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After spy-happy Democrats complain of being spied on, DOJ promises full internal investigation

The DOJ IG Michael Horowitz announced on Friday he was “initiating a review of DOJ’s use of subpoenas and other legal authorities to obtain communication records of Members of Congress and affiliated persons, and the news media,” during the investigation into leaks of classified information to reporters by government officials.

The review will check if the DOJ complied with its policies and procedures and whether the subpoenas or the investigations themselves were “based upon improper considerations,” Horowitz added.

His announcement was spurred by a New York Times report that the DOJ issued subpoenas to Apple in 2017 and 2018, seeking communications records for representatives Adam Schiff and Eric Swalwell, California Democrats and members of the House Intelligence Committee at the time. The Trump administration reportedly sought the records as part of the investigation to see whether Schiff and Swalwell leaked classified information to reporters as part of the Democrats’ probe into alleged ties between President Donald Trump and Russia – the infamous ‘Russiagate’ scandal that eventually came to nothing.

“This baseless investigation, while now closed, is yet another example of Trump’s corrupt weaponization of justice,” Schiff tweeted on Thursday. Swalwell accused Trump of showing “an utter disdain for our democracy and the rule of law” and compared him to “the world’s most despicable dictators.”

As journalist Glenn Greenwald pointed out, however, Schiff and Swalwell have long been advocates of warrantless government spying on Americans, helping deliver just enough Democrat votes to block a bipartisan proposal for surveillance reform in 2018. 

Later, during his push to impeach the president over aid to Ukraine, Schiff had subpoenaed the phone logs of Trump attorneys Rudy Giuliani and Jaw Sekulow, ranking member of the Intelligence Committee Devin Nunes (R-California) and journalist John Solomon, among others – and then made them public in his December 2019 report.

Reports that the DOJ had looked into Schiff and Swalwell came after weeks-long outrage by corporate media about the Trump administration seeking records from CNN, the New York Times, and the Washington Post. In response, the Biden administration announced it was ending the “longstanding practice” because seizing reporters’ records is “not consistent with the president’s policy.”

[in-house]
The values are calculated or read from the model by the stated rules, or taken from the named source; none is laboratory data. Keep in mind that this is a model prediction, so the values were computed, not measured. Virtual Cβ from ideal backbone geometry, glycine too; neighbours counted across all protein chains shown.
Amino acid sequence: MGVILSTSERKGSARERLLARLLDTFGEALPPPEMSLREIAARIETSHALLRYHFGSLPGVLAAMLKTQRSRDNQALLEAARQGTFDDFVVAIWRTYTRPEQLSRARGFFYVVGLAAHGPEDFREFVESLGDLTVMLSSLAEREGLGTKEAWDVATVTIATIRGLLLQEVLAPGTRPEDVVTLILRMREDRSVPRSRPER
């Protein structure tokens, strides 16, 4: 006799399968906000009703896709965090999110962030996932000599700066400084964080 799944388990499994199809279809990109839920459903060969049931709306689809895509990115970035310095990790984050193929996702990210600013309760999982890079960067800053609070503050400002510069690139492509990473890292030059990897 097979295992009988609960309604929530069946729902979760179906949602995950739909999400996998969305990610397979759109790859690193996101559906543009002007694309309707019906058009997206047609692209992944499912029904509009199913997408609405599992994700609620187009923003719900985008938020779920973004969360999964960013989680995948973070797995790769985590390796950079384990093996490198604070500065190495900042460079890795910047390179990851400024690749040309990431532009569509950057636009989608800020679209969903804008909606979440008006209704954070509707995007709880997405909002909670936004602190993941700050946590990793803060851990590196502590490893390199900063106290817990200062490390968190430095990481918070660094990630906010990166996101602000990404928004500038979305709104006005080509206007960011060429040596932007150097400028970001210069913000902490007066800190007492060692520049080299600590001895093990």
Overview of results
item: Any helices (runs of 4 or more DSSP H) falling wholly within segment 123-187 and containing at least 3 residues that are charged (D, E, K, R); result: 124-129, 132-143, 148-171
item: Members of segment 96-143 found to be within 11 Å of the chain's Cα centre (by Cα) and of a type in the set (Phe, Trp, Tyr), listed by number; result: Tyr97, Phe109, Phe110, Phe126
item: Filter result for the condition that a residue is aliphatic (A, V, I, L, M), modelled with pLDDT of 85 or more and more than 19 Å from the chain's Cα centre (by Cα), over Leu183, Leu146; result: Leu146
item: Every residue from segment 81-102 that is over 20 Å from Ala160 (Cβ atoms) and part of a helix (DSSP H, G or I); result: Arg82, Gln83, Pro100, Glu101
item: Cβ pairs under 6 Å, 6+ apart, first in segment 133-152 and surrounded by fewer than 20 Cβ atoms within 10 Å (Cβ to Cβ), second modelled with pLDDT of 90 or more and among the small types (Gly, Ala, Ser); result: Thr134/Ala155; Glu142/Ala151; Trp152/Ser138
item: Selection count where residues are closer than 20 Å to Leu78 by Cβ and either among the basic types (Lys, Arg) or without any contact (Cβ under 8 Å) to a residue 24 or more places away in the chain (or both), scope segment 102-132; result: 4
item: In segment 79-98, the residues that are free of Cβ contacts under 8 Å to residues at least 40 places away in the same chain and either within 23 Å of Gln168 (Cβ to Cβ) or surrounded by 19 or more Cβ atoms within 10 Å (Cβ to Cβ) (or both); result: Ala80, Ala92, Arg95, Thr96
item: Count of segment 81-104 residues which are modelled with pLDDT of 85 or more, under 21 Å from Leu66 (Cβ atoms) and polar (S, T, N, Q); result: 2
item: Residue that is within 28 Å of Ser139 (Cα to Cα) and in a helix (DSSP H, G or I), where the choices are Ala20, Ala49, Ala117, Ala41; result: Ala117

This is not the first Horowitz probe into problematic practices at the DOJ. In March 2018, he embarked on an investigation of the FBI’s probe of Trump-Russia allegations and potential abuse of FISA warrants to spy on the president’s campaign and administration. Leading Democrats objected, with Judiciary Committee ranking member Jerry Nadler (D-New York) calling the FISA abuse “a conspiracy theory as fact-free, openly political, and thoroughly debunked.”

A subsequent review of FISA procedures looked at a sample of 29 applications from a dataset 700. They found an average of 20 errors in each one.

In December 2019, Horowitz delivered a report that found “basic, fundamental, and serious errors” made in the FBI’s initial Trump-Russia probe that amounted to a “failure” by the “entire chain of command.” They also confirmed the Republican claim that the FISA warrants to spy on Trump – via campaign aide Carter Page – were based on the unsubstantiated Steele Dossier. 

Almost no one was punished for this misconduct, however. FBI lawyer Kevin Clinesmith, who confessed to altering evidence in order to obtain the warrant, was sentenced in January to a year of probation, a $100 fine and 400 hours of community service.

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